Curiosity and Being Engaged

According to Connie Yowell, Director of Education at The Macarthur Foundation, “Part of what’s wrong with the educational system and why people talk about it as broken is because it’s fundamentally starting with the wrong questions.” In this short film by Nic Askew, Yowell argues that we need to shift our question in education away from “what are the outcomes?” and toward “is the kid engaged?”

ENGAGED from DML Research Hub on Vimeo.

This video is part of a series of videos by Nic Askew on “The Essence of Connected Learning.” Yowell argues that if we focus on the question, “is the kid engaged?” we are compelled to pay attention to that kid as a person, not just a student/test-taker. Then we can develop strategies for reaching the kid and getting them excited about being curious, learning, and developing a strong “need to know.”

Here’s one of my favorite points:

In the traditional school system, where we’re driving home facts and discrete knowledge, we don’t make room for curiosity. We don’t create enough opportunities for kids to take things apart anymore. To look inside. To see how they’re made. To put them back together again. We used to do it with our old chemistry sets. We used to just play and see what would happen and wonder about it. That engages the imagination and can trigger the imagination. As we get more and more serious about test scores and our kids future, we move further and further away from those little opportunities to constantly fail and to iterate. And we forget that those are also opportunities to iterate with one’s identity. And to play around and to mess around. And it’s so important to do that when you’re at the middle school age and your early in adolescence—even when you’re an adult. We’ve gotta have these opportunities to be curious about who we are in the world and about how the world works and to fail and not be embarrassed by it. And to come back to those failures and do things over and over again.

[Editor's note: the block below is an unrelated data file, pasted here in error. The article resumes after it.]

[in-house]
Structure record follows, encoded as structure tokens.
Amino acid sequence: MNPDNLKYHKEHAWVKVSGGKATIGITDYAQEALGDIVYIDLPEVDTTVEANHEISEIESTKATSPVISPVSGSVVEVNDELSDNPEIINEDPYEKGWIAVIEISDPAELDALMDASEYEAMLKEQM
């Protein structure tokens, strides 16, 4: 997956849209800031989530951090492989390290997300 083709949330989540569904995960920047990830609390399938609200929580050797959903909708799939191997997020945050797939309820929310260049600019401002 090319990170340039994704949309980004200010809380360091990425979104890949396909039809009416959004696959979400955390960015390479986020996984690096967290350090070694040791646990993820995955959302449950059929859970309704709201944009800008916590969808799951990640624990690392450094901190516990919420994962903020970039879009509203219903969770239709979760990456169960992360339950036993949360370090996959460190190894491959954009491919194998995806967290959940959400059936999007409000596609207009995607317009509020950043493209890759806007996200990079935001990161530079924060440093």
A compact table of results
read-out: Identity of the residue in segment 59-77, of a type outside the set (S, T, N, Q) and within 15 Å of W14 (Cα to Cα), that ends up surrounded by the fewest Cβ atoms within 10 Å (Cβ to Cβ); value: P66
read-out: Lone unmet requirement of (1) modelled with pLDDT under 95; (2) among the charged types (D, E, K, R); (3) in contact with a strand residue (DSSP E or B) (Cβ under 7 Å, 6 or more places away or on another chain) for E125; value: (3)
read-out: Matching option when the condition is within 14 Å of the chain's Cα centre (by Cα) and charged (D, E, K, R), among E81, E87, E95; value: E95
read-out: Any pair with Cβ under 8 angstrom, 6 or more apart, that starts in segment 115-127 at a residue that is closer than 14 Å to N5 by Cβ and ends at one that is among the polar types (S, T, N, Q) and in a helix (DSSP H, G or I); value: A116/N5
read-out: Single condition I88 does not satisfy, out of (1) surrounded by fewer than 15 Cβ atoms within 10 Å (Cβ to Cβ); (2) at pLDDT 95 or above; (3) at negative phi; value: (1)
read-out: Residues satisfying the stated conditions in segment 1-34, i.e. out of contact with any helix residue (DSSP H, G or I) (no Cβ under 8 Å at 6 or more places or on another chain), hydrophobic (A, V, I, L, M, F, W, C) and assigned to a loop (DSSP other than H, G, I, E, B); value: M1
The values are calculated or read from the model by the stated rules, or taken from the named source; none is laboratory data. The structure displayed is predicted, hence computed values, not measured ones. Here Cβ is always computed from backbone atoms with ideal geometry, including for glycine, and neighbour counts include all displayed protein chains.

I love the idea of focusing on failure and being curious and linking both of these to imagination and understanding about the world. But, how do we make room for these? What would a classroom (or a workplace) that embraced (valued, encouraged, celebrated) failure look like? Is that something that the teacher should model?

I think that feminist and critical pedagogies, with their focus on engaged students who actively participate instead of passively receive (Freire) and who embrace their discomfort and unknowingness (Megan Boler) would add a lot to this conversation. Also, bell hooks and her emphasis on bringing the whole person (mind, body, spirit) into the classroom would be helpful. At one point in the video, Yowell argues that we can’t force students to learn facts; we need to find ways to inspire and incite their “need to know.” Using her son as an example, she describes how he doesn’t care about fractions at all in school. But, if he’s in the middle of a game, and he needs to know how to solve a fraction in order to move onto the next level, he demands that someone teach him. I really like this idea. Building off of Yowell’s conversation, I think it’s important to pay attention to what, beyond an outcome-based, test-driven model, prevents kids from being curious and “needing to know.” What other factors contribute to an unwillingness or resistance to knowing? Here I’m thinking of lots of different things—everything from lacking energy/desire to know because you’re hungry or too tired, to being wary of what knowing might do to us (see Luhmann for more on what knowledge does to us.) To me, these questions come out of a need to pay attention to power and privilege.

In posing these questions, I was curious about whether or not other videos in the series addressed these issues of dealing with barriers to developing a “need to know” in terms of power and privilege (which is what feminist pedagogy devotes a lot of energy to). While the other videos are great—I especially like Creative—and they make oblique references to opening up education to “everyone” and moving beyond the top 10%, discussions of sexism, classism, racism, or heterosexism don’t seem to be explicitly referenced. Why not? Is this lack of reference to feminist and critical pedagogies indicative of larger conversations at DMLCentral: Digital Media and Learning? I’ll have to look through more of their videos and check out their site to see…